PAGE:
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Elucidating individuals’ beliefs about the severity of eating disorders and obesity: Implications for public health programs

Bullivant, B, Mitchison, D, Skromanis, S ORCID: 0000-0001-7981-7336 and Mond, J ORCID: 0000-0002-0410-091X 2019 , 'Elucidating individuals’ beliefs about the severity of eating disorders and obesity: Implications for public health programs' , Eating and Weight Disorders, vol. May , doi: 10.1007/s40519-019-00708-6.

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Abstract

Purpose:To examine perceptions of the severity of eating disorders and obesity and the effects on these of an information manipulation while also considering the influence of potential covariates such as age, gender, physical and mental health and beliefs about the prevalence and causes of the respective conditions.Methods:Australian women and men (n = 488) aged 18-73 years were randomly assigned to one of four conditions: no information, neutral information, eating disorders emphasis and obesity emphasis. Mixed-model analysis of variance (ANOVA) was used to compare the perceived severity of eating disorders and obesity (within-subjects factor), while also testing the effect of manipulating information, i.e., selectively emphasising the occurrence and adverse effects of one condition or the other (between-subjects factor), on perceptions of severity. Correlational analysis was used to examine associations between perceptions of severity and potential covariates, those covariates for which significant associations were observed being included as covariates in the ANOVA.Results:Eating disorders were perceived to be a more severe condition than obesity and the information manipulation was largely ineffective. Perceptions of the severity of both eating disorders and obesity were found to be associated with several covariates, including gender, body dissatisfaction, familiarity with and beliefs about the prevalence of eating disorders and beliefs about the causes of both eating disorders and obesity.Conclusions:The findings support the need for - and provide a platform for - greater collaboration between obesity and eating disorder researchers in the development of integrated prevention and health promotion programs.Level of evidence:Level III.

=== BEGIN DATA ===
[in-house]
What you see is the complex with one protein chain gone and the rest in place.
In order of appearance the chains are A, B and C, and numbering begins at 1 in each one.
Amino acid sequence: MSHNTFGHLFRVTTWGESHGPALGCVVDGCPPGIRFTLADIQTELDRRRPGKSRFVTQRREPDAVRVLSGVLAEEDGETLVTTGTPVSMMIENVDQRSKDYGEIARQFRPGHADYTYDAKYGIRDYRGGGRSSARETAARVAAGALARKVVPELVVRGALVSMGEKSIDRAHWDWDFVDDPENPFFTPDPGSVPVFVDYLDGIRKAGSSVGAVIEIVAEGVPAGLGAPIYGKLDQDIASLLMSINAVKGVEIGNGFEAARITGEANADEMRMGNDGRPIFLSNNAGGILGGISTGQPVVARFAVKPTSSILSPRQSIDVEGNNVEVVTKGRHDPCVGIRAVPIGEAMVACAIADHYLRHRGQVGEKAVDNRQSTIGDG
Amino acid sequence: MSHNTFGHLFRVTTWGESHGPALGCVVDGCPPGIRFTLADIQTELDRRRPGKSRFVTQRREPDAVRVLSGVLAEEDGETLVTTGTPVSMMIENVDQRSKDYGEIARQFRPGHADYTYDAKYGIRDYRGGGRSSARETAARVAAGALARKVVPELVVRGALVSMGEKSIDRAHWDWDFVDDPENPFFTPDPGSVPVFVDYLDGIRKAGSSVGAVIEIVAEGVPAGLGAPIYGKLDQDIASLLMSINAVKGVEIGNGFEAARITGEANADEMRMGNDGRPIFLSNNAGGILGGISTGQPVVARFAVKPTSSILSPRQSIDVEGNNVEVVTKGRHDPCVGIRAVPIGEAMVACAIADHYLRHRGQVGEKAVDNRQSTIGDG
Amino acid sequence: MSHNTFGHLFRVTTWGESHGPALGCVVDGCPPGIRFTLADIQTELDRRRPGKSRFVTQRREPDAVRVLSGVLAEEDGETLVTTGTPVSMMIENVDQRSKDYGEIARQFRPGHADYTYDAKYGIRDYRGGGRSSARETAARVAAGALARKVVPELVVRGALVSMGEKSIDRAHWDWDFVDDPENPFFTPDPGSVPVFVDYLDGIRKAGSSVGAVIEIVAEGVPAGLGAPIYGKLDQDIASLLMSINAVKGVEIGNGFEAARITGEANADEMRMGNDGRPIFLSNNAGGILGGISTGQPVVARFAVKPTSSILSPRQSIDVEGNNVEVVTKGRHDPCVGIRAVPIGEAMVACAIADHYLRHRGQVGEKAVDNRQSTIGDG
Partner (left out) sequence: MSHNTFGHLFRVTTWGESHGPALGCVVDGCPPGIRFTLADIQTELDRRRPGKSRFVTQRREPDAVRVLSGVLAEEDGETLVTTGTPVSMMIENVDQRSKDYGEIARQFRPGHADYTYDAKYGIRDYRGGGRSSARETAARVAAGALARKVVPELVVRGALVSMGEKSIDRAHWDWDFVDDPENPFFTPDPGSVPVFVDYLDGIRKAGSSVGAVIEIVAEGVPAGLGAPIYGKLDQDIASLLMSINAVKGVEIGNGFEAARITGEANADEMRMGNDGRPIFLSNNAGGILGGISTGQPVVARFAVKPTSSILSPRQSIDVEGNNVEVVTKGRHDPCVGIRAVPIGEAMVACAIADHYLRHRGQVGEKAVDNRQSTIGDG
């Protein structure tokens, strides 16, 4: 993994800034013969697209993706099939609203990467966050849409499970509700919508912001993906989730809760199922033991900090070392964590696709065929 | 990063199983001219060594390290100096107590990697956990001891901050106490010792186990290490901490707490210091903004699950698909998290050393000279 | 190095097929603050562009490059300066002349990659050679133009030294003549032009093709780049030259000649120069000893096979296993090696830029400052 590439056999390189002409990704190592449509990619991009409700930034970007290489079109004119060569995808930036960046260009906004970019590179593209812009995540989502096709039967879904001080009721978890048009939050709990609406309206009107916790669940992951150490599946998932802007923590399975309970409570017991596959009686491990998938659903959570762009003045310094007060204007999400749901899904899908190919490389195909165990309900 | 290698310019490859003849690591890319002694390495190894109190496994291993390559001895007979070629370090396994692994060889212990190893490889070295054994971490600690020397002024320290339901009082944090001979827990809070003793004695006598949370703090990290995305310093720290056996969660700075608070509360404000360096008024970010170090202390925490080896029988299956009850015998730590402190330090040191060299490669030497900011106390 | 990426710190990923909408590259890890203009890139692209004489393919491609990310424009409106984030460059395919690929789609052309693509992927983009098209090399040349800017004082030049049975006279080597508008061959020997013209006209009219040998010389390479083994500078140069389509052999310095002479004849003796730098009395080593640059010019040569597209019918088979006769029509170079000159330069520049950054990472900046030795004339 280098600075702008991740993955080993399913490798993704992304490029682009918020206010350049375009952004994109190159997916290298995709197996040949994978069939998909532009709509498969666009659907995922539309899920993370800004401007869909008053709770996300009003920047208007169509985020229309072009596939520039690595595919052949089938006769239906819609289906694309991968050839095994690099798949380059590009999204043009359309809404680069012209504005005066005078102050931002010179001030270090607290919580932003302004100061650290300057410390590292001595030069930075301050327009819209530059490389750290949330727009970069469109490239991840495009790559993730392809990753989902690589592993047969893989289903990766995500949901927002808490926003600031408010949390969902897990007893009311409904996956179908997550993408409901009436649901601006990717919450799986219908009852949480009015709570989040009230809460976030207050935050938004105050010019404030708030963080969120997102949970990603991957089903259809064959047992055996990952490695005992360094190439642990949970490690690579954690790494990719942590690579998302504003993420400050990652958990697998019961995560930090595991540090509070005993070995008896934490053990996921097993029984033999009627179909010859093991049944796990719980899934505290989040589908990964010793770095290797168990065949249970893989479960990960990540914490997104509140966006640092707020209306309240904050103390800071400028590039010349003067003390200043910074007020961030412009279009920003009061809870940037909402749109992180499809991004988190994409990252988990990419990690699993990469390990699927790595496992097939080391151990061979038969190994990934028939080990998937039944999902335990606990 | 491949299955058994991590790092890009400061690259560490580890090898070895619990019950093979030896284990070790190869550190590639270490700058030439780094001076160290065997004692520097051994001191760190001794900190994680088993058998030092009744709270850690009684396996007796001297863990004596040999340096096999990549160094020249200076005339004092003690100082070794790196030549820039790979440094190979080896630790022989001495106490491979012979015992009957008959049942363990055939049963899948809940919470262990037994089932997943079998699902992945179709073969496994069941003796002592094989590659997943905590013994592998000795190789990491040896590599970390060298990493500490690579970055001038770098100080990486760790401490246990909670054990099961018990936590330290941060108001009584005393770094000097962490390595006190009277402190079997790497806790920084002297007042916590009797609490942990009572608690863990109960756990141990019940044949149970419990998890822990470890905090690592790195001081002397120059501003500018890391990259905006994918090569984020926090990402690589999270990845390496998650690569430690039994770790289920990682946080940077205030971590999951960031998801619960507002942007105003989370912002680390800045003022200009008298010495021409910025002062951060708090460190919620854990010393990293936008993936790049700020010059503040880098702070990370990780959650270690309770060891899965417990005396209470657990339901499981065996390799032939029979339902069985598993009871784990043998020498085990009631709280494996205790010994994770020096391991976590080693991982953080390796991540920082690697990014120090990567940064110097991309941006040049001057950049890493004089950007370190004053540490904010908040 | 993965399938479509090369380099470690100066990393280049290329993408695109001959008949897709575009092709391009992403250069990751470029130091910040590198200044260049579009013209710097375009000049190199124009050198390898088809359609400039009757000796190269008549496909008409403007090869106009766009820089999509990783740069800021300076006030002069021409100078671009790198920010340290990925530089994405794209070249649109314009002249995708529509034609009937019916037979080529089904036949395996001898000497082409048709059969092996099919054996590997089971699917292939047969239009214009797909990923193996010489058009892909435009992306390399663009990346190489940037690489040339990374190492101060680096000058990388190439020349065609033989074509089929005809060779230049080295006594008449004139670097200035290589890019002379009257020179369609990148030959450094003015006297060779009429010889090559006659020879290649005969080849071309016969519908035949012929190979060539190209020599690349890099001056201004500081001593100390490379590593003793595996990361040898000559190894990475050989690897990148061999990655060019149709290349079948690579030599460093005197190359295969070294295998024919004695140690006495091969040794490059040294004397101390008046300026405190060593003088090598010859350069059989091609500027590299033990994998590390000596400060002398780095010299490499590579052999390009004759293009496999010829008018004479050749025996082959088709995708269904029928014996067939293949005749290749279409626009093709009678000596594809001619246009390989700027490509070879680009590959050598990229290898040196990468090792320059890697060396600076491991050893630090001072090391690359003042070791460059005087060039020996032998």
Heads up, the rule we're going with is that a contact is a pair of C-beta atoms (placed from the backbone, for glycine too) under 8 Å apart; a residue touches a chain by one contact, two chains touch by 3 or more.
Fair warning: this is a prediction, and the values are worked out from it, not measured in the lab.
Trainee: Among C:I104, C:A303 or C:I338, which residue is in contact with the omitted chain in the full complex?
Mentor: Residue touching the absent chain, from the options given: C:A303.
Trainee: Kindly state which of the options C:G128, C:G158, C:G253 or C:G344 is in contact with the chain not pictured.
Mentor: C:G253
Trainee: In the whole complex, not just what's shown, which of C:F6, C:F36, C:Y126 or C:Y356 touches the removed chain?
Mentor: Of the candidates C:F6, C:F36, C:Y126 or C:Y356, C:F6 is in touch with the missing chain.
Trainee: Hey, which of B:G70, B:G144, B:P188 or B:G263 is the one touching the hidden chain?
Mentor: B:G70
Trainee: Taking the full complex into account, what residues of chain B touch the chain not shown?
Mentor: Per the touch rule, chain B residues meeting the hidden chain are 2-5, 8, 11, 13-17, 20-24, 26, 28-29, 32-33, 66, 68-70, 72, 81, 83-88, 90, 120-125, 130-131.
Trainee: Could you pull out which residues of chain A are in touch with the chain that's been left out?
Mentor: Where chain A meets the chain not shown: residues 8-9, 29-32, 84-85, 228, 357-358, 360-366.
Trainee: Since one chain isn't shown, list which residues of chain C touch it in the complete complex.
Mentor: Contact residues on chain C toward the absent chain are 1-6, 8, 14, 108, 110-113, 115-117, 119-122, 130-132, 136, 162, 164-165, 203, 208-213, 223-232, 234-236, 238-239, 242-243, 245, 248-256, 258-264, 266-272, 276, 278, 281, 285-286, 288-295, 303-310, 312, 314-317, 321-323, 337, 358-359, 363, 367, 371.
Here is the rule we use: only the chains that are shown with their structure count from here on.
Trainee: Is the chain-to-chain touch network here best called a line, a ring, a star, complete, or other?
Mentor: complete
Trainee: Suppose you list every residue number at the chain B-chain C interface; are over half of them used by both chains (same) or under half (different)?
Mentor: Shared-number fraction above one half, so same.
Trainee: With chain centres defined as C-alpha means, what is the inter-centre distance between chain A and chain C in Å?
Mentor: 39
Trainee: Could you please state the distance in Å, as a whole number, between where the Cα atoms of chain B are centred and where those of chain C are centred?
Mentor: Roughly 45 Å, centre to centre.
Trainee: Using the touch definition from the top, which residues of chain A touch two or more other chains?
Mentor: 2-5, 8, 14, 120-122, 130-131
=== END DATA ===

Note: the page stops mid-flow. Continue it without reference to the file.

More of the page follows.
Item Type: Article
Authors/Creators:Bullivant, B and Mitchison, D and Skromanis, S and Mond, J
Keywords: eating disorders, obesity, prevention, health promotion
Journal or Publication Title: Eating and Weight Disorders
Publisher: Springer Nature Switzerland
ISSN: 1590-1262
DOI / ID Number: 10.1007/s40519-019-00708-6
Copyright Information:

Copyright 2019 Springer Nature Switzerland AG

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